Women’s Prize for Fiction 2021: Buy the Whole Shortlist


Buy the full shortlist of the Women’s Prize for Fiction 2021 for a 15% reduction in price.

Our bookseller Elle has read all the books on the shortlist and added her reviews to the record for each book.

And the winner is… Susanna Clarke for Piranesi

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Buy the full shortlist of the Women’s Prize for Fiction 2021 for a 15% reduction in price.

  • How the One-Armed Sister Sweeps Her House by Cherie Jones (RRP £8.99)
  • No One is Talking About This by Patricia Lockwood (RRP £14.99)
  • Piranesi by Susanna Clarke (RRP £8.99)
  • Transcendent Kingdom by Yaa Gyasi (RRP £14.99)
  • Unsettled Ground by Claire Fuller (RRP £14.99)
  • The Vanishing Half by Brit Bennett (RRP £8.99)

And the winner is… Susanna Clarke for Piranesi

This year’s Women’s Prize for Fiction shortlist, which this year features six writers who have never previously been shortlisted for the Prize.

This year’s shortlist includes two British authors, two American, one Barbadian, and one Ghanaian/ American author. The six books have been selected by the Chair of judges Bernardine Evaristo and her judging panel: podcaster, author and journalist, Elizabeth Day; TV and radio presenter, journalist and writer, Vick Hope; print columnist and writer, Nesrine Malik; and news presenter and broadcaster, Sarah-Jane Mee.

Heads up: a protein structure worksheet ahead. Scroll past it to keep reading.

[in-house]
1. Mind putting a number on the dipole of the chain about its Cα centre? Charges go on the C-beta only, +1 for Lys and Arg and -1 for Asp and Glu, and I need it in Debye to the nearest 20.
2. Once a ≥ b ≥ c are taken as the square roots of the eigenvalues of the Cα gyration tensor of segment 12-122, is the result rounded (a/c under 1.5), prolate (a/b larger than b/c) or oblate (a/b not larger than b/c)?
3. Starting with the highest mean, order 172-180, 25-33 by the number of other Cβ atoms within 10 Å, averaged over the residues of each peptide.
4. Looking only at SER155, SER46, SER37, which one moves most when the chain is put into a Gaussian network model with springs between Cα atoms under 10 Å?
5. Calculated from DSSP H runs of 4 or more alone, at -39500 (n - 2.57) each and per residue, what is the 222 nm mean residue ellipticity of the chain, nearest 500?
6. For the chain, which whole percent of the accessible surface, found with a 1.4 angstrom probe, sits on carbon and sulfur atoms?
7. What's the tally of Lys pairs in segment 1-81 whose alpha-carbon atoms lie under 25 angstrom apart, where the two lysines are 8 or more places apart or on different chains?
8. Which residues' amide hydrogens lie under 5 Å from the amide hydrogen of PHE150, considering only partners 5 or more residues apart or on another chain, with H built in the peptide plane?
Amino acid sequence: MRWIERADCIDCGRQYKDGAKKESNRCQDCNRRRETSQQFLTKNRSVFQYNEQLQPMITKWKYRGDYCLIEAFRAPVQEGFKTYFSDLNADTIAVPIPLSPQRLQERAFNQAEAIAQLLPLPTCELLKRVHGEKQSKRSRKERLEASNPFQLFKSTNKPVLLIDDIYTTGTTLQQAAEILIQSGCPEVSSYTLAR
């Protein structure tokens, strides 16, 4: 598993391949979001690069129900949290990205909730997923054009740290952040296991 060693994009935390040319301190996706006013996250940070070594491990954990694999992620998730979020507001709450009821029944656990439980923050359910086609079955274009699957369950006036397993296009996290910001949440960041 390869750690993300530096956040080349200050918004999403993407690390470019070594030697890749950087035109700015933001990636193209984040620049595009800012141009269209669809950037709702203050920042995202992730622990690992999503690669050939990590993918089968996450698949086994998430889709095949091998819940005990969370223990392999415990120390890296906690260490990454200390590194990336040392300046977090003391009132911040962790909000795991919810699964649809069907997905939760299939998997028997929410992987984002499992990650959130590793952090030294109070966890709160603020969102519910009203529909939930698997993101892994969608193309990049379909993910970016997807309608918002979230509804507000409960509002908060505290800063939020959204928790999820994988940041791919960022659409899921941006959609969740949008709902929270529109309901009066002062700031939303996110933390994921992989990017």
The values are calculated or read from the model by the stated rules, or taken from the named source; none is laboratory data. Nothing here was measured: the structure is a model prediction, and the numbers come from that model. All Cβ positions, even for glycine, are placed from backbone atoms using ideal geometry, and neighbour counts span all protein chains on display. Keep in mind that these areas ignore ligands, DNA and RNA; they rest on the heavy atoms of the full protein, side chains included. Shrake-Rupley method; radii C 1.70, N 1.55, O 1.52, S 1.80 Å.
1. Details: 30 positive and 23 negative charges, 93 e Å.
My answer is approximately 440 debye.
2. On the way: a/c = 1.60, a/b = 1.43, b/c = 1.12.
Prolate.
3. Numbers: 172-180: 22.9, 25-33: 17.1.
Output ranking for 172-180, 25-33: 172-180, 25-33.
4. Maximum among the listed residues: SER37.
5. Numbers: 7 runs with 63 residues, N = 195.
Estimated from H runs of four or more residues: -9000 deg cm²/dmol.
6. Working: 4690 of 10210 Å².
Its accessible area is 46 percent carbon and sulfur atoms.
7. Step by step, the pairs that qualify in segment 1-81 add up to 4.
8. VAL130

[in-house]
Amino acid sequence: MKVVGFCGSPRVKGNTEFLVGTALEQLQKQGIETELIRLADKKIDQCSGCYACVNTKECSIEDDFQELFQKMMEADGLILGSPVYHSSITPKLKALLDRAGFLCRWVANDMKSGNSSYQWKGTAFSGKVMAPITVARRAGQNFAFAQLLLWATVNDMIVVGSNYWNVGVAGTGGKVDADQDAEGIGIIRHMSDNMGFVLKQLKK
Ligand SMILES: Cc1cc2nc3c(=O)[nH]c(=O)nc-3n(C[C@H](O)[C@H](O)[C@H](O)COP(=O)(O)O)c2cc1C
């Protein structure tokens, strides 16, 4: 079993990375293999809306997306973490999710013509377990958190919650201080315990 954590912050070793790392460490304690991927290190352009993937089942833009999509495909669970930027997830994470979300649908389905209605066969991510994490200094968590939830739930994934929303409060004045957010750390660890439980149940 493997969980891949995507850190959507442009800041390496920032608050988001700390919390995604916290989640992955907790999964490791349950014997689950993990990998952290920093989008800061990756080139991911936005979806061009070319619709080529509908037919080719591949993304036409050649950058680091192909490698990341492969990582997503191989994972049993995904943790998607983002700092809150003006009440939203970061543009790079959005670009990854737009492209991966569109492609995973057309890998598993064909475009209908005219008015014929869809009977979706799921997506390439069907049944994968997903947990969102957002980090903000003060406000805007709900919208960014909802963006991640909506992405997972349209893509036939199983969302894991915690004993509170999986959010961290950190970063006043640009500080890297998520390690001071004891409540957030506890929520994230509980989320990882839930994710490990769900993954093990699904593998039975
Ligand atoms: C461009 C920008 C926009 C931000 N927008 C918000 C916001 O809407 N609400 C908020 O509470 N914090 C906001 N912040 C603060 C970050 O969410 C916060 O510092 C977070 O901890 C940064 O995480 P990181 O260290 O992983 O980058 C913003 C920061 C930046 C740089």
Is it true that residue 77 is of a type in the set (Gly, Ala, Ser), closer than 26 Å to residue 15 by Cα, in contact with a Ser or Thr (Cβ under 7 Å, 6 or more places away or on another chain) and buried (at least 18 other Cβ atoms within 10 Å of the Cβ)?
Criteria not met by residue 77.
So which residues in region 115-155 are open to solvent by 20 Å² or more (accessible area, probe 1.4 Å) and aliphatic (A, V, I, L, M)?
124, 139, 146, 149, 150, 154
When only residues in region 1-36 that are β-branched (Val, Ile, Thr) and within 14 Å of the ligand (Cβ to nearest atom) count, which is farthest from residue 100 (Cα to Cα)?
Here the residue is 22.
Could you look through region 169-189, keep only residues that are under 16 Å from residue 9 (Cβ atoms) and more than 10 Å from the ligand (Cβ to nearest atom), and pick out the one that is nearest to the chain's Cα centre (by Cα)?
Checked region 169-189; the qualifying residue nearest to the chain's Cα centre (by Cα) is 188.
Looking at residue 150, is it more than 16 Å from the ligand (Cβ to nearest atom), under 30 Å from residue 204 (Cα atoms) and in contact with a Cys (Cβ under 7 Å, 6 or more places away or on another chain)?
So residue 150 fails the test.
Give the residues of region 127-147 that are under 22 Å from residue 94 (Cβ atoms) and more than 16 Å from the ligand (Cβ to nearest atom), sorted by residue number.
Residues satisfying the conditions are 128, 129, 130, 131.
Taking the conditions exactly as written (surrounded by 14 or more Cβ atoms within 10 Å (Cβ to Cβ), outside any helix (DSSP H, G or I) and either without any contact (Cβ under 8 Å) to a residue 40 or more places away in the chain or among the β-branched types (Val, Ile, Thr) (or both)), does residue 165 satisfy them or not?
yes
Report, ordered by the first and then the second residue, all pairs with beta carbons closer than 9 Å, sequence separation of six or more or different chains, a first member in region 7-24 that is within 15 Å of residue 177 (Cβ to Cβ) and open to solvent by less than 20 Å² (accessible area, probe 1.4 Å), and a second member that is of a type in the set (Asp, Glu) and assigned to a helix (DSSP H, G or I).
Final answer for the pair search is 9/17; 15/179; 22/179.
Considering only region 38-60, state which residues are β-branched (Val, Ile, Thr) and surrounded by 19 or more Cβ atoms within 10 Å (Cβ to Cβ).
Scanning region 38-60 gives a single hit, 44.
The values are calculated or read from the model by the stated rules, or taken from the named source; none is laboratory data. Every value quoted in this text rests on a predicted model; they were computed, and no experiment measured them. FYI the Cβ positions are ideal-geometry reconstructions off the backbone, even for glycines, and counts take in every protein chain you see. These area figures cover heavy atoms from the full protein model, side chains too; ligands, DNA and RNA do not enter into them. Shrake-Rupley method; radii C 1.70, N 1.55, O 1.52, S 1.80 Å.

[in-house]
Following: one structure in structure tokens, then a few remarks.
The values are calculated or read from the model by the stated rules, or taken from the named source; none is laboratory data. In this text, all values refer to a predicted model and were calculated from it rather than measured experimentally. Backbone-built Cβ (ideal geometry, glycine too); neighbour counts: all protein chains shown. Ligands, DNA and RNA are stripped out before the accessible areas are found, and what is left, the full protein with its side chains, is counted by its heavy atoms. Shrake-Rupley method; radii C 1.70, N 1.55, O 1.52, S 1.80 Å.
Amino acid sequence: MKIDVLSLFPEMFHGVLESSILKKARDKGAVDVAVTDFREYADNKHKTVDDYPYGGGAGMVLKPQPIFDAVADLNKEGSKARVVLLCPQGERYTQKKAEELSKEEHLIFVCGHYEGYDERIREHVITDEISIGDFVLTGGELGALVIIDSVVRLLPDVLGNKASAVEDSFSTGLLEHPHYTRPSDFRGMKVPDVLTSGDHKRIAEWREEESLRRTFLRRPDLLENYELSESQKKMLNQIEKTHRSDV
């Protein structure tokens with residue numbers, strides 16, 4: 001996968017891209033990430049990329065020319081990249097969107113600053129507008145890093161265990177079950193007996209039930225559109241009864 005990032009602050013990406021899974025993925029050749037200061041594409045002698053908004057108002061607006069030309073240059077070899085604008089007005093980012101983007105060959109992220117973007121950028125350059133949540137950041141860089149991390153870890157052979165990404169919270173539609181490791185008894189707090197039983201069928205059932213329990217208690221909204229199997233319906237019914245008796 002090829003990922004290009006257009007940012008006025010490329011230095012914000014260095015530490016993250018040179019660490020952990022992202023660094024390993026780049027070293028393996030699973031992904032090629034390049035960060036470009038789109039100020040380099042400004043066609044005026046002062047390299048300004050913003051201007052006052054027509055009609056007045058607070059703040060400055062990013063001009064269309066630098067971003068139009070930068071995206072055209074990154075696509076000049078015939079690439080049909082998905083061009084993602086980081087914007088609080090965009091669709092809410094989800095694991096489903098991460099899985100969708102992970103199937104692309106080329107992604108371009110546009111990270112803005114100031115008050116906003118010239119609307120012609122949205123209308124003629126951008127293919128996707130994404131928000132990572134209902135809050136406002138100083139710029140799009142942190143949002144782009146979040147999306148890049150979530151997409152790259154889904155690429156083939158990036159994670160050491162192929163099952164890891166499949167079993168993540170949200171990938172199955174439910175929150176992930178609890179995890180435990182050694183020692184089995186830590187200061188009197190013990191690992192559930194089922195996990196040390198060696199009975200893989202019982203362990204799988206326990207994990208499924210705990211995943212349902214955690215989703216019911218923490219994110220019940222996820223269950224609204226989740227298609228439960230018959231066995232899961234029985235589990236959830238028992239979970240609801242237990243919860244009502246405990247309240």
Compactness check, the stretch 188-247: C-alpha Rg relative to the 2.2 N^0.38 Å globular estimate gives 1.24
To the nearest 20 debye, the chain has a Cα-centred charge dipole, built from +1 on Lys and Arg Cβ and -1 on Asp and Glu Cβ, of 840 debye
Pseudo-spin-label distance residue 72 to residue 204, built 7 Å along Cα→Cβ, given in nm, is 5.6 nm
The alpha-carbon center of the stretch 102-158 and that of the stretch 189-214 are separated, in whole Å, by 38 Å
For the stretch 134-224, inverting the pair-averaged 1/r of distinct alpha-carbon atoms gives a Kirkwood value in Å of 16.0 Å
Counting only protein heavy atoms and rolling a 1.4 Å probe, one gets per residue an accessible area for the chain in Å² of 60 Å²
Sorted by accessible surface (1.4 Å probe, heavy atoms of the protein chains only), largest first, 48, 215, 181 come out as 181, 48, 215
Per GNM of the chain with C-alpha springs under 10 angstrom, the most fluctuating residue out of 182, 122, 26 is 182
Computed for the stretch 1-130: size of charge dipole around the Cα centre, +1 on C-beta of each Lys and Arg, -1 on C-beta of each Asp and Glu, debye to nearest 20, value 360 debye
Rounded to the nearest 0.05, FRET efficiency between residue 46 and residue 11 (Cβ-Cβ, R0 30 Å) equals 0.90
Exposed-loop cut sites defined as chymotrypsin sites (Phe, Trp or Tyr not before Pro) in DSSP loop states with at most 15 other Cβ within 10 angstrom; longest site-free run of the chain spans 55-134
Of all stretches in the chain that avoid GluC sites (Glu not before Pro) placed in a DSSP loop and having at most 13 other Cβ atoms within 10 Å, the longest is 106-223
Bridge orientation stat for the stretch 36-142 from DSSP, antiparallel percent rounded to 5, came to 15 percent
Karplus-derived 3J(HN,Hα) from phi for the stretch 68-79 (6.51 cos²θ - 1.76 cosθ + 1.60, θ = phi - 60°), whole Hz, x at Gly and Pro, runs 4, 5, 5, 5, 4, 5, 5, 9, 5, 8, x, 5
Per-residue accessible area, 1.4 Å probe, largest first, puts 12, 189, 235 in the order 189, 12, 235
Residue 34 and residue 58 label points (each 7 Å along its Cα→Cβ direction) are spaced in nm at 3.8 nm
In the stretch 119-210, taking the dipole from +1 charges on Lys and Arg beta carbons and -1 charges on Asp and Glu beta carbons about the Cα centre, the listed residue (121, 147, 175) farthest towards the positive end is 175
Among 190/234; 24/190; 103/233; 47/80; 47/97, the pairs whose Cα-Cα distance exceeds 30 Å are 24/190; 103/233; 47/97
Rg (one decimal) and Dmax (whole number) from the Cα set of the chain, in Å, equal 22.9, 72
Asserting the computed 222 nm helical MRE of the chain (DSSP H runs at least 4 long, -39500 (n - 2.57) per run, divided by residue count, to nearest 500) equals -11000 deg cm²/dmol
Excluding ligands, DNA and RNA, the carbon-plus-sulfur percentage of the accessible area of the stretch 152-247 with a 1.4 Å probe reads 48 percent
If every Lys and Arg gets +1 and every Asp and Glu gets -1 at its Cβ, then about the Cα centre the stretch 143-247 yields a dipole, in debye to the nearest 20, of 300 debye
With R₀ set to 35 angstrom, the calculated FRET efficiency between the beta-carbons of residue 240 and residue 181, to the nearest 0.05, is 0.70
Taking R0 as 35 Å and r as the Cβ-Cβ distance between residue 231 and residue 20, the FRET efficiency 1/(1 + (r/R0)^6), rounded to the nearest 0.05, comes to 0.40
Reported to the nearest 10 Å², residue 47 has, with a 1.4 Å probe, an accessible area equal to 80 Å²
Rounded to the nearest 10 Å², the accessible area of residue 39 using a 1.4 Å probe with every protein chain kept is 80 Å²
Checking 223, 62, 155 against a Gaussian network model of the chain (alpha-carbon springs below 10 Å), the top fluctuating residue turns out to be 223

Chair of judges and novelist Bernardine Evaristo, says: ‘Coming up with a longlist of sixteen books for this prize was relatively easy compared to whittling the selection down to six novels, which by necessity demands more consensus. Sadly, we had to lose so many exceptional books that we loved. However, with this shortlist, we are excited to present a gloriously varied and thematically rich exploration of women’s fiction at its finest. These novels will take the reader from a rural Britain left behind to the underbelly of a community in Barbados; from inside the hectic performance of social media to inside a family beset by addiction and oppression; from a tale of racial hierarchy in America to a mind-expanding tale of altered perceptions. Fiction by women defies easy categorisation or stereotyping, and all of these novels grapple with society’s big issues expressed through thrilling storytelling. We feel passionate about them, and we hope readers do too.’



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